Access to traumatic spinal cord injury care in Saskatchewan, Canada: A qualitative study on community healthcare provider perspectives
Keywords:Qualitative research, spinal cord injury, rural, healthcare access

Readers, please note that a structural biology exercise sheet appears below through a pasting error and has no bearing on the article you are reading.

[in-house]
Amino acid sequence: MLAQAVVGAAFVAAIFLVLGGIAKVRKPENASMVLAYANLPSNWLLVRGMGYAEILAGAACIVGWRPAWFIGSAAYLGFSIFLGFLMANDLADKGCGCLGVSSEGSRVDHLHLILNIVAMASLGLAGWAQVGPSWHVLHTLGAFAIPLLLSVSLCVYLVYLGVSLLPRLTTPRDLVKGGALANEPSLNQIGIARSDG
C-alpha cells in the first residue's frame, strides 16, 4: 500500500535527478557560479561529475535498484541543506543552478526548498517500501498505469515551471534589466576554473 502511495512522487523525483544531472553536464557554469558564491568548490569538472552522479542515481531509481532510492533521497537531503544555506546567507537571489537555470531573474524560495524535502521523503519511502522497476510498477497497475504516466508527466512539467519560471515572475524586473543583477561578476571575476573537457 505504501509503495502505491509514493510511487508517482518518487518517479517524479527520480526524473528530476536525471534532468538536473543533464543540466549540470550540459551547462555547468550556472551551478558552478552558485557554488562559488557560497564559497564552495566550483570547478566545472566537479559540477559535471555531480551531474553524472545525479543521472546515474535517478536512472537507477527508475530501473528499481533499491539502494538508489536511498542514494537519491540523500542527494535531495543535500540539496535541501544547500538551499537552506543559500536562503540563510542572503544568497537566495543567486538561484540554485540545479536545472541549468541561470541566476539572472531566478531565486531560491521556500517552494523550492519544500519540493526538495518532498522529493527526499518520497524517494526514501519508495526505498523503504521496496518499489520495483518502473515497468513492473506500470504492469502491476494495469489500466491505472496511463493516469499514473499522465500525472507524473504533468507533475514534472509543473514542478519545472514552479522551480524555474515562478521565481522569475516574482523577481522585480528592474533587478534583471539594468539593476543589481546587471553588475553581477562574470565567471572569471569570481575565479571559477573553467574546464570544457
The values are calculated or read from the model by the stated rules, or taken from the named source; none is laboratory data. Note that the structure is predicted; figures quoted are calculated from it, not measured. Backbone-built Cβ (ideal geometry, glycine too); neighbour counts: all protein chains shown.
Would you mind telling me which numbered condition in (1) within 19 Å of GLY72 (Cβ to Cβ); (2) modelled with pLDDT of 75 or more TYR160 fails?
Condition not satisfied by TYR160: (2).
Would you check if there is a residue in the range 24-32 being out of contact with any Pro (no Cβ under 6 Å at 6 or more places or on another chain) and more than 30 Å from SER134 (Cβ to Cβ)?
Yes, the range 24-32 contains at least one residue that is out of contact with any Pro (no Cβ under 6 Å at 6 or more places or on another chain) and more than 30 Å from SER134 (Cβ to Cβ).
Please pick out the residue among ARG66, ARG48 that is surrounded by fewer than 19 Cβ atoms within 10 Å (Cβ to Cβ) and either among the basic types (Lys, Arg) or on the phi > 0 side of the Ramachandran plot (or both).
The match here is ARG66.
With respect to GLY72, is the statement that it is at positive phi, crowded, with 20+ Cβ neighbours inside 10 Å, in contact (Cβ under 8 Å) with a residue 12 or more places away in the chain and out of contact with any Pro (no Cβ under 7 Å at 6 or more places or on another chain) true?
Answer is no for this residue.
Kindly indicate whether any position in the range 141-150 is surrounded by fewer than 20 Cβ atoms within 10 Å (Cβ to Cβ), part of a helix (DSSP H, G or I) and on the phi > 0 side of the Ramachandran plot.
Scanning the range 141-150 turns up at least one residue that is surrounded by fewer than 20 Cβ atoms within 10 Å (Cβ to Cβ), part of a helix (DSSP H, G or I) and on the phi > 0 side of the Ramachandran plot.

Healthcare provider experiences with access to care for disabled patient populations may inform healthcare system change and improve health outcomes. Persons with spinal cord injury often require access to life-long care. The objective of this study was to explore healthcare provider perspectives on client access to care in traumatic spinal cord injury. We used an interpretive qualitative study with semi-structured interviews and focus groups to explore provider perspectives on five access dimensions: availability, accessibility, affordability, accommodation, and acceptability. Volunteer (n=23) healthcare providers (therapists, physicians, nurses, home care workers and managers) working with traumatic spinal cord injury clients in Saskatchewan participated. Nine healthcare providers serviced rural areas. Healthcare providers felt restricted in their ability to ensure availability of services. In rural areas, therapy and counselling services were often not available. Parking and transportation barriers severely impacted the accessibility of services. Inconsistencies related to the affordability of equipment and accessible housing were expressed. Efforts to accommodate clients to remain in their home communities were apparent. Night time or early morning care seemed impossible to accommodate. Healthcare providers accepted that attitudes and efforts concerning health advocacy among clients, families, and other care providers impacted access. Barriers related to availability, accessibility, and affordability were perceived to affect traumatic spinal cord injury care. Healthcare providers identified the need to accommodate clients’ needs by assuming different healthcare and advocacy roles, especially in the face of service shortages. However, restrictions imposed by administrative guidelines, policies or cost were perceived to limit the ability to fully accommodate client’s needs.
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